The job falls under Schedule A. (For additional information on qualifying occupations, please refer here.)
(Previously, an applicant could alternatively demonstrate that he or she qualified for a deficient occupation in the Labor Market Information Pilot Program, but said program has expired.)
If neither of the two exceptions above applies, then a U.S. employer must file a Form I-140 petition on behalf of an alien beneficiary on the basis of an approved PERM labor certification.
EB-3: Third Preference
Third-preference petitions are reserved for three sub-groups: “skilled workers,” “professionals,” and (rather broadly) “other workers.” These account for another 28.6 percent of the annual worldwide cap, which amounts to roughly 40,000 visas, plus any unused EB-1 and EB-2 visas. A maximum of 10,000 visas are specifically available to unskilled workers. All EB-3 petitions take the form of an I-140 petition filed by a prospective employer and a labor certification.
The Code of Federal Regulations defines the three sub-groups in EB-3 as follows:
“Skilled workers” include persons capable of performing a job requiring at least two years’ training or experience.
“Professionals” include persons with a bachelor’s degree who are members of a profession requiring, at a minimum, a bachelor’s degree.
“Other workers” include persons capable of filling unskilled positions requiring less than two years’ training or experience.
EB-4: Fourth Preference for “Special Immigrants”
Fourth-preference petitions are meant for “special immigrants,” and account for 7.1 percent of the yearly worldwide limit, which amounts to slightly fewer than 10,000 visas. All EB-4 petitions require approved Form I-360 for Special Immigrants, with the exception of overseas employees of the U.S. government, who are required to file Form DS-1884.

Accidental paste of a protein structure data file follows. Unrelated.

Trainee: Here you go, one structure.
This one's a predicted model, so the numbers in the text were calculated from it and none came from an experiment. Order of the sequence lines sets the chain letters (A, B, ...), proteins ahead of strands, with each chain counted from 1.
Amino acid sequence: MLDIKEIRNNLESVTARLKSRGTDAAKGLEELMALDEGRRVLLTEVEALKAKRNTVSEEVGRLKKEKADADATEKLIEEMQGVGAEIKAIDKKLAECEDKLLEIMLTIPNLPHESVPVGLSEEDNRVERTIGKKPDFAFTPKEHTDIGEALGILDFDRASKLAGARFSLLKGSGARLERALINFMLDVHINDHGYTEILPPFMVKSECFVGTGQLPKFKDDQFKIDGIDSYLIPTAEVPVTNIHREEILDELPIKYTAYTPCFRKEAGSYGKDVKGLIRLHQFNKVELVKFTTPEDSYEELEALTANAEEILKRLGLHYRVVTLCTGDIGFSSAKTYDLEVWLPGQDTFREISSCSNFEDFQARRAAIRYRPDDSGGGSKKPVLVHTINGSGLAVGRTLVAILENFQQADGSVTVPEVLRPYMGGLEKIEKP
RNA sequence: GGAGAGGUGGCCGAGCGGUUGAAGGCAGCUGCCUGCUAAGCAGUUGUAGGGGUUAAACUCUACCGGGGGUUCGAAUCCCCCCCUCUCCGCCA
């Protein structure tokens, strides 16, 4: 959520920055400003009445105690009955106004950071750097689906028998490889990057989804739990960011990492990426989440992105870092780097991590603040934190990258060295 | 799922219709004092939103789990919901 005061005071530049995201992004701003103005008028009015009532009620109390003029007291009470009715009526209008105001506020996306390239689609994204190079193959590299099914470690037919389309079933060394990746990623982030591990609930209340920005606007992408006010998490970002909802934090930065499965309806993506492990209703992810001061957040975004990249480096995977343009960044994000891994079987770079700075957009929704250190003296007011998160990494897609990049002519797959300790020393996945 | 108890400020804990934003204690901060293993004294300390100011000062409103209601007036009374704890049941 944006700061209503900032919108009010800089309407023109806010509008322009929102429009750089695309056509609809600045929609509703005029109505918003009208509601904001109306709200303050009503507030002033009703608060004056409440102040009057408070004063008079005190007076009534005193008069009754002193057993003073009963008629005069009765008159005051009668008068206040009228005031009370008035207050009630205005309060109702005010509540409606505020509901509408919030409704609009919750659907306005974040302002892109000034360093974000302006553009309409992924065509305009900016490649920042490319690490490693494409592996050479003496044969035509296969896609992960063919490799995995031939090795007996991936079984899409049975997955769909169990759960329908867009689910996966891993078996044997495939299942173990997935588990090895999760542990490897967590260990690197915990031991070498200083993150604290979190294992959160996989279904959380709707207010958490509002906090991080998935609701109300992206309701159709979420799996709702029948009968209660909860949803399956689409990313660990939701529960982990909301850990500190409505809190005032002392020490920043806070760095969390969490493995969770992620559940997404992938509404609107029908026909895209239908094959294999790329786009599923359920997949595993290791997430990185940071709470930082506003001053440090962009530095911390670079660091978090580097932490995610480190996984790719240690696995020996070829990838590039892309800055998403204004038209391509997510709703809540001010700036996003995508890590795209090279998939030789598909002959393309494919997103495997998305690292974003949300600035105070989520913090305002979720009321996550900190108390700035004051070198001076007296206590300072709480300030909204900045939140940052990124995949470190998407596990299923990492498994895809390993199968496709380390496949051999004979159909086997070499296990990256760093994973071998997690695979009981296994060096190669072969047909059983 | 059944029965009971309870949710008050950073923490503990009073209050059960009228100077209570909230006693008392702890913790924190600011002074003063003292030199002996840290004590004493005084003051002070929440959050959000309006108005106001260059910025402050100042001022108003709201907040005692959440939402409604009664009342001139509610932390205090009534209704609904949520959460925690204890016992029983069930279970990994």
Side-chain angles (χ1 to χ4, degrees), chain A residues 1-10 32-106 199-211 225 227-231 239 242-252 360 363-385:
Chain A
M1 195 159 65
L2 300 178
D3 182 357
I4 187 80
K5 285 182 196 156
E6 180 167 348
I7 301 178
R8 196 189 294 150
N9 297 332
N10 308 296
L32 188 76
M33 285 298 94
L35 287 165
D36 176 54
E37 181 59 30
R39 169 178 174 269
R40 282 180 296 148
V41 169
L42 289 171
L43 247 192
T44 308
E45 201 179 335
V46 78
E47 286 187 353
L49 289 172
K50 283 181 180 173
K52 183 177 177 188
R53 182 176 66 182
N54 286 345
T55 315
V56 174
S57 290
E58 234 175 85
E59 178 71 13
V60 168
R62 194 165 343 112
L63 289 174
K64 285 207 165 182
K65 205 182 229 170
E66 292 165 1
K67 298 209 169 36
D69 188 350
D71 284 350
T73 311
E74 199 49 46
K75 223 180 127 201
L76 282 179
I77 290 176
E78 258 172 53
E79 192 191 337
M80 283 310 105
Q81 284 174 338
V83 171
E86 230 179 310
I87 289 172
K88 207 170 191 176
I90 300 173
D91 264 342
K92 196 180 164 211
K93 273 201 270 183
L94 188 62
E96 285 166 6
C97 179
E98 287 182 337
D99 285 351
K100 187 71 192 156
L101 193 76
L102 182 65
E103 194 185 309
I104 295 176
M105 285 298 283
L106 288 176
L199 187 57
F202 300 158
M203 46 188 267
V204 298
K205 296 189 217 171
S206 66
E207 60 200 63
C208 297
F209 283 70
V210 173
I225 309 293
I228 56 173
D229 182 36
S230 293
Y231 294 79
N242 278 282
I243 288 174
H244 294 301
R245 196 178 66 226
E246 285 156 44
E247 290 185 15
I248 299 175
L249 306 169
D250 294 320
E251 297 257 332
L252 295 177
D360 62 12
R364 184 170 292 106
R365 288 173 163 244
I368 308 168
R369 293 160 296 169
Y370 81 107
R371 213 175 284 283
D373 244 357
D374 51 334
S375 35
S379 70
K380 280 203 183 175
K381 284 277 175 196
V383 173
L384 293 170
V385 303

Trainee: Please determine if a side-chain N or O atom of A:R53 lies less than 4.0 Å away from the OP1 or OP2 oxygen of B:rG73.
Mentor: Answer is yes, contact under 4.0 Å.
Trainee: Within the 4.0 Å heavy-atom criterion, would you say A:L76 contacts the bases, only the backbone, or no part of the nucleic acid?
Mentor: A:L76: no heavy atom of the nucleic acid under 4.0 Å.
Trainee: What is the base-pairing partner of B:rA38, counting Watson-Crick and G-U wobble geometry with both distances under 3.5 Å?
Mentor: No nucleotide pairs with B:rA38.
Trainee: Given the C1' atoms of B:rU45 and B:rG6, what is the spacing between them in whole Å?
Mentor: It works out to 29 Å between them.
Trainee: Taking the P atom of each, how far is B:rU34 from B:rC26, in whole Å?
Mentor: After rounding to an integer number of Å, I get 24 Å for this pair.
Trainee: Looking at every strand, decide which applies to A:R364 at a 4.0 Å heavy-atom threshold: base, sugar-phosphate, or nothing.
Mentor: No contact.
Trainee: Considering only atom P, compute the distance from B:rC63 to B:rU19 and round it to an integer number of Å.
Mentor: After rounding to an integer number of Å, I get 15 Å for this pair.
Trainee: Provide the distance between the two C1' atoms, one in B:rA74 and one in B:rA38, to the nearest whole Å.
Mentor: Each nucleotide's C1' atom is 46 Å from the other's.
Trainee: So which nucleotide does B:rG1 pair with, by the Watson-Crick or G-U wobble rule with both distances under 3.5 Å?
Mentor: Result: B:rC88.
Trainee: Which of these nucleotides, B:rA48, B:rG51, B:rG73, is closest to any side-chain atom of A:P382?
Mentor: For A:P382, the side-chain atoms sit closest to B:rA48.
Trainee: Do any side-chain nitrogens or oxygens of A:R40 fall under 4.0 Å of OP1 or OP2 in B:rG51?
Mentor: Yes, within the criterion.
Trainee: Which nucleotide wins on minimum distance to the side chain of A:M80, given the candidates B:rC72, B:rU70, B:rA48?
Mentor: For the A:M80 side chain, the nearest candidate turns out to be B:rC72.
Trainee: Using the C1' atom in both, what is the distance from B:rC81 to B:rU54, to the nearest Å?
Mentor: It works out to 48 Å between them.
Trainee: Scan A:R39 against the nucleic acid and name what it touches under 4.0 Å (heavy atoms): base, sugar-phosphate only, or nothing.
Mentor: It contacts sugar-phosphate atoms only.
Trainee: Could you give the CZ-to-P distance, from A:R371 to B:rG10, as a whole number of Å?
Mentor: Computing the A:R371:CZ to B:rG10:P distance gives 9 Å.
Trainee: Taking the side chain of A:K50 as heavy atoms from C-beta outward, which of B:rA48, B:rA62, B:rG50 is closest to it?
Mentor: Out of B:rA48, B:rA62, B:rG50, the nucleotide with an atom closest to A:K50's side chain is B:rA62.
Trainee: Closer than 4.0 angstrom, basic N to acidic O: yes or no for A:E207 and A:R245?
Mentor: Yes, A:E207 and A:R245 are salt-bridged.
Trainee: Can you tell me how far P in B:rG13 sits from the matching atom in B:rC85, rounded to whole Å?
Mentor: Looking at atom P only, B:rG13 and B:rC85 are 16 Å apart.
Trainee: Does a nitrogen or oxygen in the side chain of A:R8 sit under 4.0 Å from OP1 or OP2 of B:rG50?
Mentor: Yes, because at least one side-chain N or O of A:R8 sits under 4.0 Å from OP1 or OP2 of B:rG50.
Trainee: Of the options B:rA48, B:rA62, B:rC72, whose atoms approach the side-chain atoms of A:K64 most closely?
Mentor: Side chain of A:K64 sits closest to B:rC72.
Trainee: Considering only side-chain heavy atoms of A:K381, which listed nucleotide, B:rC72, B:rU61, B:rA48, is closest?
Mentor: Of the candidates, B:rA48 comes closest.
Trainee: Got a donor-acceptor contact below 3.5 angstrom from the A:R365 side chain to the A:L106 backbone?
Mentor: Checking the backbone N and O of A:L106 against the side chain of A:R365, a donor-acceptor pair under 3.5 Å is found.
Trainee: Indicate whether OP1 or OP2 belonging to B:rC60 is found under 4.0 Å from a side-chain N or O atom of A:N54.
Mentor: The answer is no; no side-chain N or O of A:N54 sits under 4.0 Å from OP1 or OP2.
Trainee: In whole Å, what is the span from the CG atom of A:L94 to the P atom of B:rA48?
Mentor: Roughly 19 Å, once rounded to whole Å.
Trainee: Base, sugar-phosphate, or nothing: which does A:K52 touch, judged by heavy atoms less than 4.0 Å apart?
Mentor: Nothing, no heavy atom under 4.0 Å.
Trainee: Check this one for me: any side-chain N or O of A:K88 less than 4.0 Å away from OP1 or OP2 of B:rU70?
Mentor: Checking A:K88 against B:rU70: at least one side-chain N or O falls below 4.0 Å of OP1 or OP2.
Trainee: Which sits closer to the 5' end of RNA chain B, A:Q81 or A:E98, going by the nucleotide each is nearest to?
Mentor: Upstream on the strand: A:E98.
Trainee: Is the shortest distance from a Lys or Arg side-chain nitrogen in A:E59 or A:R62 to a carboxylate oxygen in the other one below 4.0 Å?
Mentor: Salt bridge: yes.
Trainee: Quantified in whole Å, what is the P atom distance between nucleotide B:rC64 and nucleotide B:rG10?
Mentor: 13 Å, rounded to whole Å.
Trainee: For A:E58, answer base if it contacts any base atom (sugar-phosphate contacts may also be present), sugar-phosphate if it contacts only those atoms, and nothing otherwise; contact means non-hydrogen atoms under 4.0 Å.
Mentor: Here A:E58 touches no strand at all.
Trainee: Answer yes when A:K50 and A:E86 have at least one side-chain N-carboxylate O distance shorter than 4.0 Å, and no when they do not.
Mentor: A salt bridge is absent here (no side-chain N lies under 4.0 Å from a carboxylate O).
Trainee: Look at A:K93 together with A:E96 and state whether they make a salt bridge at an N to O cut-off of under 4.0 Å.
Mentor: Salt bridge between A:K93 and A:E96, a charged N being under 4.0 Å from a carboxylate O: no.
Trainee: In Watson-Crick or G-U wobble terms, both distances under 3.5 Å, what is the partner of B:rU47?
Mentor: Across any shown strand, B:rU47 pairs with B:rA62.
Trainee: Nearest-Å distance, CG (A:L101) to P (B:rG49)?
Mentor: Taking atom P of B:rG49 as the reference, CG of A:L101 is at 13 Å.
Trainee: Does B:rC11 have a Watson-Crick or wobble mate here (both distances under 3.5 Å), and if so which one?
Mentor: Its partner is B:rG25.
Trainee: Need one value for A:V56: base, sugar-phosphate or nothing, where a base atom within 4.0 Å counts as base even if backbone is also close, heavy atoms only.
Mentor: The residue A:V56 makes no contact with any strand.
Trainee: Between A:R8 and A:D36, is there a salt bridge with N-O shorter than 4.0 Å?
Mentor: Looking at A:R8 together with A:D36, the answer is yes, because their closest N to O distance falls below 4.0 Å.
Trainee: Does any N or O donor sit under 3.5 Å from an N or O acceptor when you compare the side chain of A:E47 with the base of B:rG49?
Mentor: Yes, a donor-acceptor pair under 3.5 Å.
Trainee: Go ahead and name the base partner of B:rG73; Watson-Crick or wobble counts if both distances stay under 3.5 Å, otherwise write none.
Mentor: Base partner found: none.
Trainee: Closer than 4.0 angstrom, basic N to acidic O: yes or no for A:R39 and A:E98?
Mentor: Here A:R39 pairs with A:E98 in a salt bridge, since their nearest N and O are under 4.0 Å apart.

Special immigrants qualifying under this category include:
Religious workers intending to work as a minister, to work in a professional capacity in a religious vocation, or to work for a tax-exempt organization affiliated with a religious denomination
Special immigrant juveniles
Certain members of the U.S. Armed Forces
Certain overseas employees of the U.S. government
Employees of the Panama Canal Zone
Retired employees of international organizations
Certain dependents of international organization employees
Afghan and Iraqi translators
For a full list of qualifying EB-4 special immigrants, click here.
EB-5: Fifth Preference Immigrant Investor Program
Fifth-preference petitions account for the final 7.1 percent, or roughly 10,000 visas, of the yearly worldwide limit. Created in 1990 in order to stimulate domestic job creation, the Immigrant Investor Program is reserved for entrepreneurs, as well as their spouses and unmarried children younger than 21, who satisfy two conditions:
Make the minimum investment in a commercial enterprise in the U.S., which is either $500,000 or $1 million, depending on the employment rate in the area where the commercial enterprise is located. A commercial enterprise is defined as any for-profit entity formed for ongoing lawful business.
Create no fewer than 10 new, full-time jobs in the commercial enterprise. The jobs must be filled by U.S. citizens, U.S. permanent residents, or other lawful immigrants that exclude the investor and his or her family.